Shedding Some Light On Your Kitchen Chores


[Garret] over at Macetech wanted to supplement the lighting over his kitchen sink, which is always too dark at night. He says his house is a “geek house”, so a standard light socket just wouldn’t do – he would have to construct a LED bar for over the sink instead.

Since nobody wants to use a light switch with wet or messy hands, he did what anyone would do and rigged up a motion detection circuit to automatically turn the lights on and off for him. 16 bright white 10mm LEDs were mounted in some foam core board, along with a PIR motion sensor. He used an ATiny84 to handle the PWM fade-in and fade-out of the lights, as well as to keep track of the activity (or lack thereof) at the sink.

He does admit that the ATiny84 is way overpowered for this project, but he lacked anything smaller, and says that 555 timers wouldn’t give him the smooth light fading that he desired. Regardless, it works as advertised, and now nobody has to peel potatoes in the dark any more.

Continue reading to check out a quick video demo of the motion-sensing light system.

[flickr video= w=470]

13 thoughts on “Shedding Some Light On Your Kitchen Chores

  1. “and now nobody has to peel potatoes in the dark any more.”
    You could argue about this.
    You will have to peel potatoes in a not very bright and also BLUE light.
    I don’t think potatoes look very delicious under blue light.
    Maybe warm-white LEDs would be better…


  2. @Apexys

    They are white. the camera makes them look blue. cheap cameras are known to do that.

    Also- read information instead of watching the video and basing your opinion on that.

  3. He could have done the PIR filtering and that fade in/fade out effect with two 555’s, obviating the V reg. Having said that I would have almost certainly done it with a micro too to allow for future extendibility. :-)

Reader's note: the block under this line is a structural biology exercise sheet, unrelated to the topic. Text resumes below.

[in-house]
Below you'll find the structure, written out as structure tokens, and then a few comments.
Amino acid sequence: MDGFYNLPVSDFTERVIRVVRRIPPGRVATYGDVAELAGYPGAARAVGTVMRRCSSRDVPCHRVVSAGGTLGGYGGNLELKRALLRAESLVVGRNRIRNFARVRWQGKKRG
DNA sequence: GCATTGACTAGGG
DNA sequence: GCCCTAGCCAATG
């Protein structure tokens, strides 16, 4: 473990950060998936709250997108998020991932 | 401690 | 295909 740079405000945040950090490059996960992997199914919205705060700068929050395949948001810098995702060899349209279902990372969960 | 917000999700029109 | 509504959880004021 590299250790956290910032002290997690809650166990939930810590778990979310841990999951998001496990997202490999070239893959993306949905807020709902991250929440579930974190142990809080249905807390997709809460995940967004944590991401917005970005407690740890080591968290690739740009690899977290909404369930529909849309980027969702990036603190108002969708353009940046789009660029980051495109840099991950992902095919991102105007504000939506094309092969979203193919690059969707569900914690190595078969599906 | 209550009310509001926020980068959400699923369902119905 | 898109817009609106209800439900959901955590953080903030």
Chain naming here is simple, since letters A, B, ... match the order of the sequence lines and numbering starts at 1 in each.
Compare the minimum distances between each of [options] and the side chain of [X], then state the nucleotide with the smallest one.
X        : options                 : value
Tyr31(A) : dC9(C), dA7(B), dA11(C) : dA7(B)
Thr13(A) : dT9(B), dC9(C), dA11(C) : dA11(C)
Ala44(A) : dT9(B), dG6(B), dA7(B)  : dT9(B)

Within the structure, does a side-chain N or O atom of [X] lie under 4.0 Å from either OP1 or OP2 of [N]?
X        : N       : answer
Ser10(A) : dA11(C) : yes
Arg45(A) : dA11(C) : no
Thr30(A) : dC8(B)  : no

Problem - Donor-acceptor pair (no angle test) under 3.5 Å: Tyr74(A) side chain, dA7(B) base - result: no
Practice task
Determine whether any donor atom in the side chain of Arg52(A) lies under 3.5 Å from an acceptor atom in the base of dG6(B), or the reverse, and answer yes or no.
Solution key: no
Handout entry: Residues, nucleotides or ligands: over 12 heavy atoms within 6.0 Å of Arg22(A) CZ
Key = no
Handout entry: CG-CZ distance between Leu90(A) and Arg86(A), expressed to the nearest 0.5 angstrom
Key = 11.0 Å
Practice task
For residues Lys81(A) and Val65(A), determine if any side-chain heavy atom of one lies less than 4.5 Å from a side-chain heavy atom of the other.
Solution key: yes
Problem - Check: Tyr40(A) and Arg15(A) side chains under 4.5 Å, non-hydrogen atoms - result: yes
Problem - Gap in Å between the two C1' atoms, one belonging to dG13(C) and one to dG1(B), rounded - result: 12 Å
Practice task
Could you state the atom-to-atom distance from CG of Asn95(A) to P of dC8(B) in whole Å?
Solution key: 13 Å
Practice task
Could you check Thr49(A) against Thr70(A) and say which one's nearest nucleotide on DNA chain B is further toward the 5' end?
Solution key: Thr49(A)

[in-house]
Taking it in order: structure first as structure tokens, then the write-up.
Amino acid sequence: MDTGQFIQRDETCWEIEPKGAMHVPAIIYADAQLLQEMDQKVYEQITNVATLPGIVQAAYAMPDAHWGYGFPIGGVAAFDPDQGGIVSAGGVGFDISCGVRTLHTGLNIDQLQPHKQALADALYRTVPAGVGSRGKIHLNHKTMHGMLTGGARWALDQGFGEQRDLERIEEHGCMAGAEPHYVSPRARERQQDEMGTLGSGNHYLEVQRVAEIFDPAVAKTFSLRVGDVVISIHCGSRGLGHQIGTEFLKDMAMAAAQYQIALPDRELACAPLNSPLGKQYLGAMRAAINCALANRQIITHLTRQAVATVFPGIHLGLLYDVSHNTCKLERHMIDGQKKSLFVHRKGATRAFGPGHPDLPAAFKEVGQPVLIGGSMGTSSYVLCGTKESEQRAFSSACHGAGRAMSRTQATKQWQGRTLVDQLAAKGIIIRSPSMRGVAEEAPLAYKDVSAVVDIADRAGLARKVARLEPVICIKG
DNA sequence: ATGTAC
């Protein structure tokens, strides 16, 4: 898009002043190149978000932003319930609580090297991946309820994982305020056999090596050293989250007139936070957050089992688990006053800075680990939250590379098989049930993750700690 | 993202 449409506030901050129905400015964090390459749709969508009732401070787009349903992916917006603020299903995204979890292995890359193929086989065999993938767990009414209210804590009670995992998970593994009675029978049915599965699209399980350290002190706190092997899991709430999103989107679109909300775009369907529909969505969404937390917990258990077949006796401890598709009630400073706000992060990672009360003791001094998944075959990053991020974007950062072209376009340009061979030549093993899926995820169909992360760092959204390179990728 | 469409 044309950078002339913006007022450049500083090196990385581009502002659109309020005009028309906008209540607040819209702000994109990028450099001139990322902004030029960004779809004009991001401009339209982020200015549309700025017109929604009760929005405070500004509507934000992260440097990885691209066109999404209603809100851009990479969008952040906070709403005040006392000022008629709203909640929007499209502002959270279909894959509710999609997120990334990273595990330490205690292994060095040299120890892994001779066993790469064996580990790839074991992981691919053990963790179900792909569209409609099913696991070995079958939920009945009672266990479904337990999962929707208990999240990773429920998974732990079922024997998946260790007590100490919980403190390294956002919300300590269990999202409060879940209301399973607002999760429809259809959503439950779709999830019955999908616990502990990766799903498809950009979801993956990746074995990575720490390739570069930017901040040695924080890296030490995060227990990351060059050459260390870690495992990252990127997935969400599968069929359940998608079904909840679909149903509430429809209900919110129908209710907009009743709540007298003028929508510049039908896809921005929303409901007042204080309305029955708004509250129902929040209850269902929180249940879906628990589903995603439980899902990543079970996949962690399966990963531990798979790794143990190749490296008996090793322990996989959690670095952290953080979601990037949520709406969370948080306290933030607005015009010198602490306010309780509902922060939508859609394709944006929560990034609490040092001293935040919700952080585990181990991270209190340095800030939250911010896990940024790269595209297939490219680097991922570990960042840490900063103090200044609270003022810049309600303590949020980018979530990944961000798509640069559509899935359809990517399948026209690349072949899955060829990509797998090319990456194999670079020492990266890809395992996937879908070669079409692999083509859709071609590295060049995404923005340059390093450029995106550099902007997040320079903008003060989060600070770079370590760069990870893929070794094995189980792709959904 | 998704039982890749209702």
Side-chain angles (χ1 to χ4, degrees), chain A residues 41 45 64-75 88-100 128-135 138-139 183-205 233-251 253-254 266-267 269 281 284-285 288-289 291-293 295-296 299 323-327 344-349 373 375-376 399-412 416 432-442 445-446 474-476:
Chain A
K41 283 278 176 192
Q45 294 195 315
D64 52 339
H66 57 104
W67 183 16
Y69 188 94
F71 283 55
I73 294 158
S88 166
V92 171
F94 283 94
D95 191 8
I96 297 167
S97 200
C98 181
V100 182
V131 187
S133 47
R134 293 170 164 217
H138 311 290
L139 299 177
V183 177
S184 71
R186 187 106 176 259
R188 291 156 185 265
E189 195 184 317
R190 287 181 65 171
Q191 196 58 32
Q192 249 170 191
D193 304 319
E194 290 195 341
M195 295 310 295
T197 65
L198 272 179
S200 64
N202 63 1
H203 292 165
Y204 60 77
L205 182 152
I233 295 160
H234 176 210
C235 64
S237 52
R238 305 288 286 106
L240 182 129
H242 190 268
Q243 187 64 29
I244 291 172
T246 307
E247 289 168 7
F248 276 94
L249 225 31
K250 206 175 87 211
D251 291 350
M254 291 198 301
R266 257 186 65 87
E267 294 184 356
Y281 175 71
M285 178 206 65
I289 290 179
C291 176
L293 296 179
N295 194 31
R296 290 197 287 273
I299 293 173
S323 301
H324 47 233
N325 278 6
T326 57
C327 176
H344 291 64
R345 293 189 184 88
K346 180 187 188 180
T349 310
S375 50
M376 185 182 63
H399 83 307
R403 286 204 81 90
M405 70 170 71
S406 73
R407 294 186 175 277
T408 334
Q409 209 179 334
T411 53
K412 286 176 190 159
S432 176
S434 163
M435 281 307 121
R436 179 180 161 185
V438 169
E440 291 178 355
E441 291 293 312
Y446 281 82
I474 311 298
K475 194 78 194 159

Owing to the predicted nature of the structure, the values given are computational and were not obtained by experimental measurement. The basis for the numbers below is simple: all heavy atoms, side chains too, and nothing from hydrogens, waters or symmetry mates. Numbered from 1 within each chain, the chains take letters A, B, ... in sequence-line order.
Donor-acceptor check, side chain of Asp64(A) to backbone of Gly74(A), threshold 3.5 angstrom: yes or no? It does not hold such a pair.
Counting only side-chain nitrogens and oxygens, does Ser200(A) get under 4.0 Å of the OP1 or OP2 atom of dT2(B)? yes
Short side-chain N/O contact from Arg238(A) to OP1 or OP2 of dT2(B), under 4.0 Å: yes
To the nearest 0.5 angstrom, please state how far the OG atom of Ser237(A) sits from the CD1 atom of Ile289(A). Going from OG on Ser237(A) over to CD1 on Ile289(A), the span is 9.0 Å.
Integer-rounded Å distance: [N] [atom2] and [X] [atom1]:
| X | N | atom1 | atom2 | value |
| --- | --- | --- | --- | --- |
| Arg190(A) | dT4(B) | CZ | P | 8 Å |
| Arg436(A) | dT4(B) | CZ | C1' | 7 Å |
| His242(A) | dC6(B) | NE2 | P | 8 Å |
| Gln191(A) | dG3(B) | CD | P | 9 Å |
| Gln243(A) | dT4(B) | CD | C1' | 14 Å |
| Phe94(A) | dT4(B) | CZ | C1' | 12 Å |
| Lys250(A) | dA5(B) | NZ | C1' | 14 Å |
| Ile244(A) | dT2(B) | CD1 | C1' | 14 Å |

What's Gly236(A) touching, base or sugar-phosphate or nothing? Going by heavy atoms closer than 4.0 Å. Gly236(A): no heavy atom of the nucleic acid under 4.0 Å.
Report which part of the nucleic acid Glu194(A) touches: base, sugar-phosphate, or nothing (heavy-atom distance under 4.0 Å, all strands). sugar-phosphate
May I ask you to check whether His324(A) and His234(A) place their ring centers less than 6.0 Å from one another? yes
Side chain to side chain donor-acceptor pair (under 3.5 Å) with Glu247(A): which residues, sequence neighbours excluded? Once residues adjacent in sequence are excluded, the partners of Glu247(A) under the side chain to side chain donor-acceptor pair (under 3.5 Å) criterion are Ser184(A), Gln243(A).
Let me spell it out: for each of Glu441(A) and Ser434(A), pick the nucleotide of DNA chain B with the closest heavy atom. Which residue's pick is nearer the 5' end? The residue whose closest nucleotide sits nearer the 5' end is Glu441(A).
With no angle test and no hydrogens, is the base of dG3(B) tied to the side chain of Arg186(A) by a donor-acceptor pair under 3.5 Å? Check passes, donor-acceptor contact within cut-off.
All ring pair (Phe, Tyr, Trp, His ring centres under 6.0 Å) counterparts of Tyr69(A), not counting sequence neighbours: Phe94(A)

4. actually, if he wanted better lighting he should have tossed in a couple orange or light red leds in with the whight ones. The human eye does not have to focus from light to dark with pure red light, it also lights better since your eye is fully dilated to accept more light. neat fact: coyotes will not react to red lights and is theorized that they cannot even see it, hence why hunters spot them with red filtered floodlights.

  5. Yes, the lights are cool white but don’t look blue in person. There’s a photo in the actual article that captures the appearance much better than the video. The light is also somewhat focused on the sink area, meaning that it adds a significant amount of light there especially when the sink is in shadow from the other lights because someone is standing in front of it.

  6. Red light doesnt affect your night vision as much(considerably less) which is why we used red filters on our torches when map reading in the dark. Its pretty standard across the forces.

  7. ok Philip, makes sense if the human eye isn’t as sensitive to red light, but how would this benefit this guys sink light arrangement?
    Surely your iris will constrict your pupil based on the available white light. Unless the red light content made up the majority of the light I don’t see how it would make any difference, let alone be of benefit.

  8. Yeah, if I wanted maximum lighting effect per watt of LED power, I would need to use green or blue. The human eye is much more sensitive to green and blue light than it is to red. Red would only make sense if I wanted to peel potatoes and then bring my kitchen to periscope depth to check for destroyers.

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